Here is the survey, from the Dallas Morning News site:
Workers were asked how much they agree with each of these 20 statements, plus three more about retention and motivation. Here are the 20 statements plus the percent of Dallas workers who agreed or strongly agreed with each:
•I believe this company is going in the right direction. 72%
•I have confidence in the leader of this company. 74%
•This company operates by strong values and ethics. 77%
•I feel genuinely appreciated at this company. 69%
•My job makes me feel like I am part of something meaningful. 68%
•There is not a lot of frustration at my workplace. 35%
•I have the flexibility I need to balance my work and personal life. 66%
•I am confident about my future at this company. 61%
•I am happy with my career opportunities at this company. 61%
•I get the formal training I want for my career. 53%
•Senior managers understand what is really happening at this company. 58%
•At this company, we do things efficiently and well. 54%
•New ideas are encouraged at this company. 67%
•I feel well-informed about important decisions at this company. 52%
•My manager helps me learn and grow. 60%
•I have confidence in my manager. 75%
•My manager listens to me. 73%
•My manager makes it easier to do my job well. 70%
Pay and benefits
•My pay is fair for the work I do. 54%
•My benefits package is good compared with others in this industry. 51%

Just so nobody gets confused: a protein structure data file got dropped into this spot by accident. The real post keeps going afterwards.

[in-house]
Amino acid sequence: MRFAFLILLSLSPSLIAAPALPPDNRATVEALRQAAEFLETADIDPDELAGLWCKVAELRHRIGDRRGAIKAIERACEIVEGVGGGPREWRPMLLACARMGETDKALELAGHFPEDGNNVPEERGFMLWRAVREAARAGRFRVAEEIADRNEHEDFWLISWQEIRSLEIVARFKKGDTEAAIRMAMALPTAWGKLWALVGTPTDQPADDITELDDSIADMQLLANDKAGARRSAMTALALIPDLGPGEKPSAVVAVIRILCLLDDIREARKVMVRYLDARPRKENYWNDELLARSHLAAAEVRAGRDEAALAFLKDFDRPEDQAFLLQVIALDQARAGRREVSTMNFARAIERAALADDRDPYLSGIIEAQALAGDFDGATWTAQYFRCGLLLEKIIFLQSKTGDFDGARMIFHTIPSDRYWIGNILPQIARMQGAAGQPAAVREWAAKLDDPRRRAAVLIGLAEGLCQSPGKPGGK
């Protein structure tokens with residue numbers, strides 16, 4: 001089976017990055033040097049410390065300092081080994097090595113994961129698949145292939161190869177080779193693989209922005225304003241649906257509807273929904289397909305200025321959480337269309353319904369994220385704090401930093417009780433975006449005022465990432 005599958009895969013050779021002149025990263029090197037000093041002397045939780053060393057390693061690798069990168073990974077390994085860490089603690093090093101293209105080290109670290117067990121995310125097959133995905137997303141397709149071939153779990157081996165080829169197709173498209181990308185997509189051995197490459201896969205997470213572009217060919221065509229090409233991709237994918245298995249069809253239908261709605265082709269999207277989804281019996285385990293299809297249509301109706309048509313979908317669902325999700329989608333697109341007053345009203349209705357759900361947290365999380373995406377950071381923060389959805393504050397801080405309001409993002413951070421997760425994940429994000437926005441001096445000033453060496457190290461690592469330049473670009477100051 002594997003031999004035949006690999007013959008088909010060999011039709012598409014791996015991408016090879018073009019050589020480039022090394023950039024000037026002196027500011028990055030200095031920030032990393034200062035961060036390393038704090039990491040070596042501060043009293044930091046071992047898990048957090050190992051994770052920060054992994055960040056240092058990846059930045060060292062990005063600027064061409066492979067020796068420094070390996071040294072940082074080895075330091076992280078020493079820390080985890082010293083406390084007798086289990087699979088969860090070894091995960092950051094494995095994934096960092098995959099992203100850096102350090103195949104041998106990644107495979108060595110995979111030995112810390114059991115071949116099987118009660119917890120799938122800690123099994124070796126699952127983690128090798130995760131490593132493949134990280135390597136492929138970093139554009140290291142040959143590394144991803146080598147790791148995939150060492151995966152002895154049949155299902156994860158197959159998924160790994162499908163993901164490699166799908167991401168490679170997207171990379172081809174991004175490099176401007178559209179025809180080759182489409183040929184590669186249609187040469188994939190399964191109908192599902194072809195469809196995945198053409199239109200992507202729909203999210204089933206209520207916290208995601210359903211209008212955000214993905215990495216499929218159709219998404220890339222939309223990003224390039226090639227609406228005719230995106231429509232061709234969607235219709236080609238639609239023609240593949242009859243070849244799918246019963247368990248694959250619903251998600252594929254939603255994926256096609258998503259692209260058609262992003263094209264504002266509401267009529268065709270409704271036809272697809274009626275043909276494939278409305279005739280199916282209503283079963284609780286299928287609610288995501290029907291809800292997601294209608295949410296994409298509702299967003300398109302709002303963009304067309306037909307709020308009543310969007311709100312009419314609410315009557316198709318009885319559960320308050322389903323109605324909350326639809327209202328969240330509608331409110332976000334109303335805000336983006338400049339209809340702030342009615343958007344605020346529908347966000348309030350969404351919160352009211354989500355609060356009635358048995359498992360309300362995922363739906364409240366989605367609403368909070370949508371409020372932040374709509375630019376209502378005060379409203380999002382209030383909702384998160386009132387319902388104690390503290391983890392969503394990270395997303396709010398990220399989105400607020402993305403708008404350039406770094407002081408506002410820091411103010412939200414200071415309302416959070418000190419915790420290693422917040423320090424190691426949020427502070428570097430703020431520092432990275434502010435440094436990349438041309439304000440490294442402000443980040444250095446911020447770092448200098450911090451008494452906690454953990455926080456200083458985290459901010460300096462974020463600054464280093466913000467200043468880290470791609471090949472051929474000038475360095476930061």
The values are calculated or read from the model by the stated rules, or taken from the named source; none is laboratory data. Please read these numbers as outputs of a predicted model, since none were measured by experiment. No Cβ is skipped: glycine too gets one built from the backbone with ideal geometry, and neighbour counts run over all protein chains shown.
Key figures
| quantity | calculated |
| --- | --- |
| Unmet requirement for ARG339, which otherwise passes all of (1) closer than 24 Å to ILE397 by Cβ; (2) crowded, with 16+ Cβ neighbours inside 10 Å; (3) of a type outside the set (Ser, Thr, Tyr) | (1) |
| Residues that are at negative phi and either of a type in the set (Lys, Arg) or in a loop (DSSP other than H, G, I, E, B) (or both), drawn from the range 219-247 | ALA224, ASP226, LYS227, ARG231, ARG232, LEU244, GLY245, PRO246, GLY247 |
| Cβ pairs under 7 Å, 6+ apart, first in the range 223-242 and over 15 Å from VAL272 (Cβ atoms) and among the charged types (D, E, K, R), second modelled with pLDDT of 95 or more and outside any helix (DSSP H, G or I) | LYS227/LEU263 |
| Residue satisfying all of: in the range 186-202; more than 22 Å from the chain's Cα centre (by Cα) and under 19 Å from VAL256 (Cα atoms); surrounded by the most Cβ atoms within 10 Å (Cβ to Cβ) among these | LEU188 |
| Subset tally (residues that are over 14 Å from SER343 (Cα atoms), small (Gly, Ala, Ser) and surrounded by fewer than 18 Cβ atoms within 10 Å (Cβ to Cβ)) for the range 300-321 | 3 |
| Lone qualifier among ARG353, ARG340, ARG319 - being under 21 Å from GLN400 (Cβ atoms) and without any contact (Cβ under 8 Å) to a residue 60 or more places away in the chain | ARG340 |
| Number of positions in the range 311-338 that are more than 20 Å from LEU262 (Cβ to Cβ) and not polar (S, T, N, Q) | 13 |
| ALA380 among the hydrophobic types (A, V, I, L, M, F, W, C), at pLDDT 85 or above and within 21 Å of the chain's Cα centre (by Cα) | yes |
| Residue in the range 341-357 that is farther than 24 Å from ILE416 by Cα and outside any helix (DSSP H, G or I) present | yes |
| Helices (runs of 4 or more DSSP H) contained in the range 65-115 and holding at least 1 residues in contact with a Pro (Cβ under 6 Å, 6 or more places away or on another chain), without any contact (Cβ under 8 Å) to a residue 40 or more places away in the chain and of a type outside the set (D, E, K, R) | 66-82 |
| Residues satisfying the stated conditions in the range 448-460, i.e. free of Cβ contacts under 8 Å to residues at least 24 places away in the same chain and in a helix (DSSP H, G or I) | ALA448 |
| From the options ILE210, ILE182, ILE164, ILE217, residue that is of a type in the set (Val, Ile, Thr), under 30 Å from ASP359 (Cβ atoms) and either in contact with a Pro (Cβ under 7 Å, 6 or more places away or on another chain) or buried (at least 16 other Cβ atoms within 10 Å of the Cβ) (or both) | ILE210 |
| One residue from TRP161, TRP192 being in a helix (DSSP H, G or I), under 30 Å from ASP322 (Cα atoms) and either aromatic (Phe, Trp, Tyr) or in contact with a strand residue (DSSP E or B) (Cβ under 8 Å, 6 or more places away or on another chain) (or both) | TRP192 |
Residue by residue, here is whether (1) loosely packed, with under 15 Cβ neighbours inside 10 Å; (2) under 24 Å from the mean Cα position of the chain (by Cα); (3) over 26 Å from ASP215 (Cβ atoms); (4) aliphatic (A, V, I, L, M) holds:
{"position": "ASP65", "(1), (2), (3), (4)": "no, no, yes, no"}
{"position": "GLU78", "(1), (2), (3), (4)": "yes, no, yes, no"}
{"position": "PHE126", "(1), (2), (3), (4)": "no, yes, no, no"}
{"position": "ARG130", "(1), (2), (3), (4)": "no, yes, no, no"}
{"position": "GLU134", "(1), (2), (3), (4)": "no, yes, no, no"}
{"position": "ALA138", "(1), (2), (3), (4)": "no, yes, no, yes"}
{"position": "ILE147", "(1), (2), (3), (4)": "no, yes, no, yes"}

Many of you will enjoy the new insights and data about teamwork that I will present on Friday at the First Friday Book Synopsis in Dallas from The Orange Revolution: How One Great Team Can Transform an Entire Organization by Adrian Gostick and Chester Elton (Free Press, 2010). If you miss the synopsis or live outside of our area, you can find it soon on our companion site, 15MinuteBusinessBooks.com.
As always, I am impressed by the research methodology employed in books like this. The findings and recommendations from this book come from a 350,000 person survey conducted by the Best Companies Group (BCG), which has been instrumental in establishing “Best Places to Work” programs.
One item that is missing from this book, as is true of most that I have read on teamwork, is the fundamental question of how teams “work” when they “work as teams.” I am asked all the time what a group needs to do in order to work as a team. And my answer is they must do their work as a team!
What I mean is that the work that everyone does must be interdependent, not independent. You cannot have teams if the work that participants do is not designed so that they work together. Therefore, teamwork depends upon the fact that at minimum, there is an extra set of eyes, or an extra set of input to everything the participants do and contribute.
Throwing independent contributions together into a package is not teamwork. Assembling interdependent contributions together into a package is teamwork. This is because the result comes from the blended aggregation of each person’s input. And, when you have teamwork, you have great difficulty identifying “who did what,” because the product belongs to the team, not any individual. That is why MVP (most valuable player) of a team has never made any sense to me – you can have one for a league, but you should not have one for a team!
So, if you want teamwork, you must design the work where you accomplish it in teams. The work must be interdependent, not independent. If you fail to do this, you will only have a group, and not a team
How do you see this issue? Let’s talk about it soon!